Chapter 2: Ethical Relativism

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Intro Ethics: Chapter 2

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Chapter 2: Ethical Relativism

  1. 1. Chapter Two Ethical Relativism <ul><li>Ethical Relativism holds that there are no universally valid moral principles, but rather all moral principles are valid relative to culture or individual choice. </li></ul>
  2. 2. Moral Skepticism <ul><li>The view that there are no valid moral principles at all </li></ul><ul><li>At least we cannot know whether there are any or not </li></ul>
  3. 3. Moral Objectivism <ul><li>The view that there are universal moral principles, valid for all people and all situations and times. </li></ul>
  4. 4. Absolutism <ul><li>The notion that there is only one correct answer to every moral problem. </li></ul><ul><li>A completely absolutist ethic consists of absolute principles that provide an answer for every possible situation in life, regardless of culture. </li></ul><ul><li>Absolutism is opposed to Ethical Relativism. </li></ul>
  5. 5. Ethical Nihilism <ul><li>The doctrine that holds that there are no valid moral principles that exist. </li></ul><ul><li>Morality is a complete fiction. </li></ul>
  6. 6. The Diversity Thesis <ul><li>Anthropological theory that states that moral rules differ from society to society. </li></ul><ul><li>It is associated with cultural relativism. </li></ul>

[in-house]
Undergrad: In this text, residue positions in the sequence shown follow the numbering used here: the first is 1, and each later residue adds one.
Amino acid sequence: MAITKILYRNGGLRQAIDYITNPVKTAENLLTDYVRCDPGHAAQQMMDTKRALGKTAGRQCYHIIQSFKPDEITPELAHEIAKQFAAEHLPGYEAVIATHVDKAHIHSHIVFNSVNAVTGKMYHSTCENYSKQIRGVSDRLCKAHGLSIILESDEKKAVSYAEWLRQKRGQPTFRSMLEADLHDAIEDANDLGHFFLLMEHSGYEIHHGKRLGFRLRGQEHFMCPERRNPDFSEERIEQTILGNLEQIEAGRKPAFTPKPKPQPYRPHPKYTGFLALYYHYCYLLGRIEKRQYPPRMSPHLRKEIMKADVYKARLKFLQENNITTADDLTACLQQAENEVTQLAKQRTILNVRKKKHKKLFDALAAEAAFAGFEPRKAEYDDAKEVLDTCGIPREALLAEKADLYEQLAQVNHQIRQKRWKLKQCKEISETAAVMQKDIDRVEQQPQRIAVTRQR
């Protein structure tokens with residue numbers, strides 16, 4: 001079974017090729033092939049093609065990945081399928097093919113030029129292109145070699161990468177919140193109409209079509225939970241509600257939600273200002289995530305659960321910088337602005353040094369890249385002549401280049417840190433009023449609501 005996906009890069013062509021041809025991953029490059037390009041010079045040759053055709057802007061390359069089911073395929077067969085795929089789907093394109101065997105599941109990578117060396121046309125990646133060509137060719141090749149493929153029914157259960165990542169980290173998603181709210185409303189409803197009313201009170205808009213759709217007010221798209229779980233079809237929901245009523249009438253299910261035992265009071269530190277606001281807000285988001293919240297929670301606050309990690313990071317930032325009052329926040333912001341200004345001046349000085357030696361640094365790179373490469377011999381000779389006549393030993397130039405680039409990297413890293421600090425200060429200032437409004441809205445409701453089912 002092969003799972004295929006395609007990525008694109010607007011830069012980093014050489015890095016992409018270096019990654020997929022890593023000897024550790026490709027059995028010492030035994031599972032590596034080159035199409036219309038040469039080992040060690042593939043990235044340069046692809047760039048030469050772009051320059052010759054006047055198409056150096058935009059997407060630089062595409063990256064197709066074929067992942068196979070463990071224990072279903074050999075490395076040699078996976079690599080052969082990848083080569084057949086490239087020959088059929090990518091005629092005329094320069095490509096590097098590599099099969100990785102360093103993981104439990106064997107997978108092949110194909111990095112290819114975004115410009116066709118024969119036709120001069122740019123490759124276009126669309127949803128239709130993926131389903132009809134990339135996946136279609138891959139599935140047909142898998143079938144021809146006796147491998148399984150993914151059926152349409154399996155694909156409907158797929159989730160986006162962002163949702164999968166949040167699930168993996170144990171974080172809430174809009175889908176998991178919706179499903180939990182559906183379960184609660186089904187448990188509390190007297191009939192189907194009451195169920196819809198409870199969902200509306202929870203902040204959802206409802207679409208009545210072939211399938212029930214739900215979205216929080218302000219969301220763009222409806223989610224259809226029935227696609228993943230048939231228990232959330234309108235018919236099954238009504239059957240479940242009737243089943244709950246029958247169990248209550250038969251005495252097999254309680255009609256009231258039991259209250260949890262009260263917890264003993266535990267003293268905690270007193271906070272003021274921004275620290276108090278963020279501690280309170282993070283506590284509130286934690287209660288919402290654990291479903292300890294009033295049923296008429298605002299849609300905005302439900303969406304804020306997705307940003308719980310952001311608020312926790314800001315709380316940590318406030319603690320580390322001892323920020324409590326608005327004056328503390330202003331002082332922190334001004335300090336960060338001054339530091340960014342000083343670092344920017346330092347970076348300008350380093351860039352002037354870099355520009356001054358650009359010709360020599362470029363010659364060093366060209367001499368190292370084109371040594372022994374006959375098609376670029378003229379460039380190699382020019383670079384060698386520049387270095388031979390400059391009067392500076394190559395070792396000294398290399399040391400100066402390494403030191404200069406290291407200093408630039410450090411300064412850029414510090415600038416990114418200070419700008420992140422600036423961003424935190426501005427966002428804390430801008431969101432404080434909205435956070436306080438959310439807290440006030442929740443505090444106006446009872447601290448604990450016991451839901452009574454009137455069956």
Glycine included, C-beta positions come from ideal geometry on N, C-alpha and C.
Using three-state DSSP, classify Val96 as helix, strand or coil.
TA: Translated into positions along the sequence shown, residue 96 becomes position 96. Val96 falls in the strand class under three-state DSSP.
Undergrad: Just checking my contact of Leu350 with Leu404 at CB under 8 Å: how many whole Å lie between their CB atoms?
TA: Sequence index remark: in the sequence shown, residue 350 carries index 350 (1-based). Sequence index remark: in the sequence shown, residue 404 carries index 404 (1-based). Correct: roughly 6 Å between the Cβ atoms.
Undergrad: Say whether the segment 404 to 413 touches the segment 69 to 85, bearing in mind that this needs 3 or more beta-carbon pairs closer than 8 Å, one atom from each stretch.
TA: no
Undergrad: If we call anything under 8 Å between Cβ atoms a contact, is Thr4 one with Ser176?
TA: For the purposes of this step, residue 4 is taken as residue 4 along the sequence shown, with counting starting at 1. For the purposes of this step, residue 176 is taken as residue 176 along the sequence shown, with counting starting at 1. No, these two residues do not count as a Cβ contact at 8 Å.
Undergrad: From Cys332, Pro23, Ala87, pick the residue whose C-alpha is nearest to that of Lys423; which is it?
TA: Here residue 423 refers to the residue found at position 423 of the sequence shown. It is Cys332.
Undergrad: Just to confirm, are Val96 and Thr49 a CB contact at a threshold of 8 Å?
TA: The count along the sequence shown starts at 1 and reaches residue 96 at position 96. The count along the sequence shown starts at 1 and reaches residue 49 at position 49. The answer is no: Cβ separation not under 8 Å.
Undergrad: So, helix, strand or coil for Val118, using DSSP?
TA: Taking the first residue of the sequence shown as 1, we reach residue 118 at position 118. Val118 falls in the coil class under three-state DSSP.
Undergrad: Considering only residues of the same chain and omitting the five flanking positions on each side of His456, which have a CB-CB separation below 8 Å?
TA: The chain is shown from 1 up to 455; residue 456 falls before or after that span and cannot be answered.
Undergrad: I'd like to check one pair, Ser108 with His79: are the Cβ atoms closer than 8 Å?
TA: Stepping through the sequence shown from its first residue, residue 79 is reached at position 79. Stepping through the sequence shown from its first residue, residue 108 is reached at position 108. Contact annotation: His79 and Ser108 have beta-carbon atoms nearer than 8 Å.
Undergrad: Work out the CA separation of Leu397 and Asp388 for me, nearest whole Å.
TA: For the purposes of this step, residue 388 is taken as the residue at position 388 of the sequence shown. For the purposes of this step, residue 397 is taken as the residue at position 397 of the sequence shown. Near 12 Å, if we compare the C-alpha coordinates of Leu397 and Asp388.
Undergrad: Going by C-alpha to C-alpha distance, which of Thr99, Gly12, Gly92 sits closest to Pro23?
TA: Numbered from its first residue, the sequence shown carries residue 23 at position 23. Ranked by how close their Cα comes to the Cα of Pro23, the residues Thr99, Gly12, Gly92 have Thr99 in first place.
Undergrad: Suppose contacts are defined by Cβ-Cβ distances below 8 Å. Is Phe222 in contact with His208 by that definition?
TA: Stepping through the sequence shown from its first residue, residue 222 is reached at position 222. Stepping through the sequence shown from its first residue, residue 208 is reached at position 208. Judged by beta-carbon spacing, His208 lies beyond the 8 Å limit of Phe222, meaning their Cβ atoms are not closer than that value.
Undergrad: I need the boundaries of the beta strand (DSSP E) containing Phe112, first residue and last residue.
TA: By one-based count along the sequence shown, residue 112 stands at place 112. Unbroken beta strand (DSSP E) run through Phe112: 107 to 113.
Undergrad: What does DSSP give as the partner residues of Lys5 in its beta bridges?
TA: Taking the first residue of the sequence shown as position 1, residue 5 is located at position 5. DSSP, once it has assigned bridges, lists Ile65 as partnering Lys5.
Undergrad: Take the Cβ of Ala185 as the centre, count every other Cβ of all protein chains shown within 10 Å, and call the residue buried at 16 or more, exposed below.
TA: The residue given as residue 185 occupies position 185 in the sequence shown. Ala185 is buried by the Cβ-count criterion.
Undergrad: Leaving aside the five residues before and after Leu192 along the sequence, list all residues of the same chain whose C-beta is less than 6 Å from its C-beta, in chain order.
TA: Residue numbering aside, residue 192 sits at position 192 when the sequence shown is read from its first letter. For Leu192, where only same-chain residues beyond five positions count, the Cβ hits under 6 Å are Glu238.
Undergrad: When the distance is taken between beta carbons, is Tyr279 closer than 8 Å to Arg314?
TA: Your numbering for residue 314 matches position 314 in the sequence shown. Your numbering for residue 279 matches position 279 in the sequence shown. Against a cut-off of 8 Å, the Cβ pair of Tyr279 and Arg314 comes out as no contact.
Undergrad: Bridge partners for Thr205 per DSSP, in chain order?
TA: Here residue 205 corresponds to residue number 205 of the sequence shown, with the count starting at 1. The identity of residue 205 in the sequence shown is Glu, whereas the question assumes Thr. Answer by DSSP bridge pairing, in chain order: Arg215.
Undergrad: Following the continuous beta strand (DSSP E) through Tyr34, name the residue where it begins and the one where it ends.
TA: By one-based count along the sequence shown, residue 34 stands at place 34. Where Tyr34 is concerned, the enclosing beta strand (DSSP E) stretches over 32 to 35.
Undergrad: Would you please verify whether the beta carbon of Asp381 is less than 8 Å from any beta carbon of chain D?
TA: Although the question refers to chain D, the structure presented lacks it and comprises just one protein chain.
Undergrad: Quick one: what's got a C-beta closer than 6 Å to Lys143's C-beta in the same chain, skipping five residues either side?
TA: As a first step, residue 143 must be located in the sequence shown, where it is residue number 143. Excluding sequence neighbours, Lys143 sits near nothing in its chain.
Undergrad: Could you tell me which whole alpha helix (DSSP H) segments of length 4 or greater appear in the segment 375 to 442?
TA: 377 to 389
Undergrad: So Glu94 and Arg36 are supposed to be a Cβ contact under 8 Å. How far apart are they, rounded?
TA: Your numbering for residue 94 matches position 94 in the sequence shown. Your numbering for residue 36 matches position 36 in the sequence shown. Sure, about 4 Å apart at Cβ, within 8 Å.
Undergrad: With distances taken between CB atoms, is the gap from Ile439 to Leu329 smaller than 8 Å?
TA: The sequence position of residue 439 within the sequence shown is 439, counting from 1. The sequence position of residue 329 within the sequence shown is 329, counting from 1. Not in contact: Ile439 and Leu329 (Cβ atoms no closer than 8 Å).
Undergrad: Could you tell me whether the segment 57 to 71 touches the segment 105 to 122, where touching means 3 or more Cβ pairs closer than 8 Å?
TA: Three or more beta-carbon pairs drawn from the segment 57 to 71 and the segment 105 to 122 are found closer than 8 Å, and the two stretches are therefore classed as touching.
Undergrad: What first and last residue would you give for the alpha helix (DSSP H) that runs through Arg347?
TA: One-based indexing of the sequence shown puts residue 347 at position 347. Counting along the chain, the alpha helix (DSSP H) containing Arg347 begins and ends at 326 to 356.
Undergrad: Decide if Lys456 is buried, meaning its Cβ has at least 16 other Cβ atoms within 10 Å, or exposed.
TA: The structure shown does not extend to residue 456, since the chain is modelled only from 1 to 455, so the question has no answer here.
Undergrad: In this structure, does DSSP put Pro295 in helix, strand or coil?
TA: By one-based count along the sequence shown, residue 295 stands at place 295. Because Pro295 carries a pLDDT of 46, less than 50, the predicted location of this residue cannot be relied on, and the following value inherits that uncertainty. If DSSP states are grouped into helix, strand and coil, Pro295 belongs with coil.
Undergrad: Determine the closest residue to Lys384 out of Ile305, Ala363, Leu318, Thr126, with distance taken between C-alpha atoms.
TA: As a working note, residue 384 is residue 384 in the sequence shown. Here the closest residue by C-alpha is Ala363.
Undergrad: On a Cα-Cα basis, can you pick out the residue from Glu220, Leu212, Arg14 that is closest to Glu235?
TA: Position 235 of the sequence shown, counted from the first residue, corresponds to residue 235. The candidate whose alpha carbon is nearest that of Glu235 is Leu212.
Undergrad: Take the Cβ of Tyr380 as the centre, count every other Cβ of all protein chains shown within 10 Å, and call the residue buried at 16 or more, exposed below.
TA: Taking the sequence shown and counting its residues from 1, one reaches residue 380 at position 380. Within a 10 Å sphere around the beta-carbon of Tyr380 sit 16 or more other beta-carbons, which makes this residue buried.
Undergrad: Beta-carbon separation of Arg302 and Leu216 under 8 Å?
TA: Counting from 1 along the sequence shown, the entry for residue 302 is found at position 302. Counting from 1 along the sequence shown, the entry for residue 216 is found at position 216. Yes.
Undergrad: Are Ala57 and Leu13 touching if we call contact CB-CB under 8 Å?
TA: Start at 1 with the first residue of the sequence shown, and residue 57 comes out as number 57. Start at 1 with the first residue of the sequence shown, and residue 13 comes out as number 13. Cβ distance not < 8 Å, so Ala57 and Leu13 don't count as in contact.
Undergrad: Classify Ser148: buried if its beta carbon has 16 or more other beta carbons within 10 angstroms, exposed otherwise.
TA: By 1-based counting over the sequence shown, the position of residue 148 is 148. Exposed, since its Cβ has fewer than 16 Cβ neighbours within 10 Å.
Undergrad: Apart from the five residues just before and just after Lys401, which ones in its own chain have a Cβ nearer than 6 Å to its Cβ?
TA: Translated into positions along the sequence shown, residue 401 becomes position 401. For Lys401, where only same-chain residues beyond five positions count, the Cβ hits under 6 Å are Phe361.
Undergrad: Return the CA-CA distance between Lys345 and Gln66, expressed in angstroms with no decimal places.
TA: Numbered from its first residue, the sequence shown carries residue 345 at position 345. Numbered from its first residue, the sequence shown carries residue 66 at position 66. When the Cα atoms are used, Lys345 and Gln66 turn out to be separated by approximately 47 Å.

7. 7. Dependency Thesis <ul><li>Individual acts are right or wrong depending on the nature of the society in which the occur. </li></ul><ul><li>Morality does not exist in a vacuum. </li></ul><ul><li>Morality must be seen in the context that depends on the wants, goals, beliefs, history, and environment of the society. </li></ul>
  8. 8. Subjectivism <ul><li>Also known as Subjective Ethical Relativism </li></ul><ul><li>Morality depends not on society, but rather on the individual. </li></ul><ul><li>Morality is like taste or aesthetic judgment. </li></ul><ul><li>Morality is in the eye of the beholder. </li></ul>
  9. 9. Conventionalism <ul><li>This view states that there are no objective moral principles, but that all valid moral principles are justified by virtue of their cultural acceptance. </li></ul><ul><li>This view recognizes the social nature of morality. </li></ul>
  10. 10. Critique of Ethical Relativism <ul><li>Cultural relativism seems to be a fact, but does not establish the truth of ethical relativism. </li></ul><ul><li>Beliefs, history and environment change in any society over time. </li></ul><ul><li>If moral principles are weakly dependent, does that make them invalid? </li></ul><ul><li>Indeterminacy of translation </li></ul>

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